"Your Place in Time" is a timeline for anyone born in the 20th century, from the progressive generation (my mom and dad's) to Y2K, with a radio broadcasting "War of the Worlds," a classroom where the teacher is instructing the kids in a late 1950s civil defense drill, an exhibit of music from 1950s radio to eight-track tapes, a tribute to Hollywood and movie magazines, cases of memorabilia from each era, and an exhibit of the future as envisioned by SF magazines and books, including an evidently humorous book called Mr. Adam, about the only man left in the world who can father children.

Between this last exhibit and the factory exhibit was a small exhibit of firearms going back to wheel-lock pistols and rifles, including the original Pennsylvania rifles used by Daniel Boone and his compatriots. I looked for a Melchior Fordney like Levi Zendt in Centennial had, but they didn't have one of those. :-)

A very large exhibit was "Made in America." The first half is "power," and is almost more generators and working engines than you ever wanted to see. :-) The oldest engine had pumped water out of a mine in England from the early 1800s through the early 1900s! There were examples of water wheels and turbines, Edison generators, steam powered and gasoline powered equipment, and even a big Corliss engine, made in Providence, RI, like the one which powered all the machinery at the Centennial exhibition in Philadelphia in 1876. (There were several pieces of machinery made in Providence, the Corliss pieces and also equipment made by Brown & Sharpe.) As each engine grew more powerful, this power was illustrated by how many 40-watt lightbulbs could be lit by the engine.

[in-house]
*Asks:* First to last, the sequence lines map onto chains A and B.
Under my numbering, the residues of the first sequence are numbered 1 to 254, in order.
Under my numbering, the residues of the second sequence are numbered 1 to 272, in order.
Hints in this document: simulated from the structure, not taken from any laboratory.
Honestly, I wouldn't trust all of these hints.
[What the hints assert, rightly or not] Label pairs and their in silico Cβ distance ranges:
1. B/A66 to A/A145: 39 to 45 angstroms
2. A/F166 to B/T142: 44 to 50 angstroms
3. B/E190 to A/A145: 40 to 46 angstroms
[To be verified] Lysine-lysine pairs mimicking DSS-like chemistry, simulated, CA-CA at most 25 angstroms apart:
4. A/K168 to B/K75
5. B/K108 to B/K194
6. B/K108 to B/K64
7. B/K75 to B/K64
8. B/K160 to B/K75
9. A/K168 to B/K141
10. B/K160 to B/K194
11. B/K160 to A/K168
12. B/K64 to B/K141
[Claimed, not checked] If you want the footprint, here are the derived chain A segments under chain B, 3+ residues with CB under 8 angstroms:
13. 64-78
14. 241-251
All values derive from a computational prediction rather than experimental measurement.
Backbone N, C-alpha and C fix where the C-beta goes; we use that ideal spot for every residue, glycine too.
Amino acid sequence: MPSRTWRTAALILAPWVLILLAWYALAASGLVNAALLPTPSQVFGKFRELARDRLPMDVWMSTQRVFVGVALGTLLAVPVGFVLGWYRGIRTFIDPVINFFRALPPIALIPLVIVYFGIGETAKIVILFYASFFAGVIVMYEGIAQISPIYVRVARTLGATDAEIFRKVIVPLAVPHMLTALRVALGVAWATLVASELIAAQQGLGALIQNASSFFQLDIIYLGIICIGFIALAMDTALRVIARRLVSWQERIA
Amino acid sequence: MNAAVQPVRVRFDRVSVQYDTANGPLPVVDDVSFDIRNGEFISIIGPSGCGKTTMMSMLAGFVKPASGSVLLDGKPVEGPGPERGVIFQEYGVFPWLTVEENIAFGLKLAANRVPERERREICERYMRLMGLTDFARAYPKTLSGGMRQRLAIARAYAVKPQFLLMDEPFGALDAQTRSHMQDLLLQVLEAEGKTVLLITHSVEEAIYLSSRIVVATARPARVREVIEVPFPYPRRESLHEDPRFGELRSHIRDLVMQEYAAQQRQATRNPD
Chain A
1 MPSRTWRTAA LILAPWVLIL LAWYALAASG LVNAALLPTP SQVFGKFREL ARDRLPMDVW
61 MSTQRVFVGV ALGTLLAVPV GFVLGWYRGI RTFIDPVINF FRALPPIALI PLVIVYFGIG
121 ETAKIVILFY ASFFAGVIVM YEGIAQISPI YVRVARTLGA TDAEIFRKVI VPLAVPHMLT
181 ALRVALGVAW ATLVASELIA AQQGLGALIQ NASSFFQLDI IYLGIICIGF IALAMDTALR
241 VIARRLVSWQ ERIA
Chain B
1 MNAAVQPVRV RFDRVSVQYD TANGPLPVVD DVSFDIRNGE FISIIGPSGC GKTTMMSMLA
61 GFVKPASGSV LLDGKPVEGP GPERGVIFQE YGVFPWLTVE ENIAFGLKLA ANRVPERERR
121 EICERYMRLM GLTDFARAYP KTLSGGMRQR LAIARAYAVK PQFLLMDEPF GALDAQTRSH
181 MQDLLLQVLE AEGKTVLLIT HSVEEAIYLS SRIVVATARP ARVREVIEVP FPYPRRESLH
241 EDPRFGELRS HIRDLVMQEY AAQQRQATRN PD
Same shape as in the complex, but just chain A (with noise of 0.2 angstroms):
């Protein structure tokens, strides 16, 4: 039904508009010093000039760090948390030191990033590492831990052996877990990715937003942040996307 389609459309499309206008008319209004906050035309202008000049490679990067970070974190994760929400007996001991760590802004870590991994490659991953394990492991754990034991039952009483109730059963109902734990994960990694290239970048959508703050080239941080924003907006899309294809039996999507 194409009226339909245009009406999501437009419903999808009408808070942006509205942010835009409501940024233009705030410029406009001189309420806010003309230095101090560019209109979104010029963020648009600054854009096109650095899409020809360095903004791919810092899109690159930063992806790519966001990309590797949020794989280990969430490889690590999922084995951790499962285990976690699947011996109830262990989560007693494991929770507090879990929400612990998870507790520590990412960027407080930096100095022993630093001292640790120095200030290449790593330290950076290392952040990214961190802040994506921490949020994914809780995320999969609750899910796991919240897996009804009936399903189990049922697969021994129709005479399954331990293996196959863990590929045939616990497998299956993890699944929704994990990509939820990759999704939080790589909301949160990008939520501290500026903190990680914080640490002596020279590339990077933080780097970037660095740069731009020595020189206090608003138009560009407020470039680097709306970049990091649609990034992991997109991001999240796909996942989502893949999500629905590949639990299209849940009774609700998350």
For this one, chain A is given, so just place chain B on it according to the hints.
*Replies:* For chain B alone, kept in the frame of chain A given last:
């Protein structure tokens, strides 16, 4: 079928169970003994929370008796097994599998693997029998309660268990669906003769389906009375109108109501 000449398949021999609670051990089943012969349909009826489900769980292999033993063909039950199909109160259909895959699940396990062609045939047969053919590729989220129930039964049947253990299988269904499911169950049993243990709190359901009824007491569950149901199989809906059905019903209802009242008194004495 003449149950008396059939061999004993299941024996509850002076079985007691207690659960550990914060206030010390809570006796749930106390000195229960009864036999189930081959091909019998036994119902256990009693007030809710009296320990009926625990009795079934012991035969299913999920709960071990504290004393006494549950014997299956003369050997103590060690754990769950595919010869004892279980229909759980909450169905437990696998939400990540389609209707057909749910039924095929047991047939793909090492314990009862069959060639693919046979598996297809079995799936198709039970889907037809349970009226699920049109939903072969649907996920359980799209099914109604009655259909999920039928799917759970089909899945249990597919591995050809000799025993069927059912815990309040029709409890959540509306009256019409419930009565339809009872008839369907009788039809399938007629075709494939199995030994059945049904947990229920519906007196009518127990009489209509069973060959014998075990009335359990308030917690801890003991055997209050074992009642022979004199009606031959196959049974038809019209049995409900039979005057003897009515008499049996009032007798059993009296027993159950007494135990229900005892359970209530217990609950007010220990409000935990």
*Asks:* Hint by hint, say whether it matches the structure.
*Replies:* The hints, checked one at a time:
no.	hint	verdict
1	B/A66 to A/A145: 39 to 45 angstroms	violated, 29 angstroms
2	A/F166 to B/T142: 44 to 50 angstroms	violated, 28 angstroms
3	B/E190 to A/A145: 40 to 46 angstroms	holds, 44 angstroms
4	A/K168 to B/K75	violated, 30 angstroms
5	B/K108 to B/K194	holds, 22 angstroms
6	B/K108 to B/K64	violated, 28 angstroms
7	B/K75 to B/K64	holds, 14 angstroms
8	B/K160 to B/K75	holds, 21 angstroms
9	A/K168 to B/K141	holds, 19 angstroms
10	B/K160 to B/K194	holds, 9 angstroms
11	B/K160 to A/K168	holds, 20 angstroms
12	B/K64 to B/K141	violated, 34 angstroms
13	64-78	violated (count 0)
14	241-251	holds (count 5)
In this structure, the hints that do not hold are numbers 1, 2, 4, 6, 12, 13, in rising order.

There is a small exhibit of different types of furniture over the years, from Jacobean chairs and chests that came over with the Pilgrims to plastic bucket chairs. In between was a classic wooden high chair like we remember from childhood, a plush Victorian chair once owned by Mary Todd Lincoln and one of the old, ornate desks and benches from the House of Representatives, decorated Pennsylvania Dutch cupboards and dressers, a Chippendale chair, tables, bureaus, seating, storage, fine furniture and rude benches, stained items and painted ones.

We saw one more exhibit before heading to the Michigan Cafe for Lunch: "With Liberty and Justice for All." This was a combination of four themes: the American Revolution (with a very rare copy of the Declaration of Independence from the 1820s, and a special exhibit on George Washington, including Washington memorabilia), the Civil War with special emphasis on Abraham Lincoln (the museum has on display the rocker in which President Lincoln was sitting when he was assassinated; you could still see bloodstains...it was quite chilling), the Women's Suffrage movement, and finally the Civil Rights movement. This latter exhibit has the bus on which Rosa Parks refused to move to the rear; you can walk right on it and sit in the seat she was sitting on that day.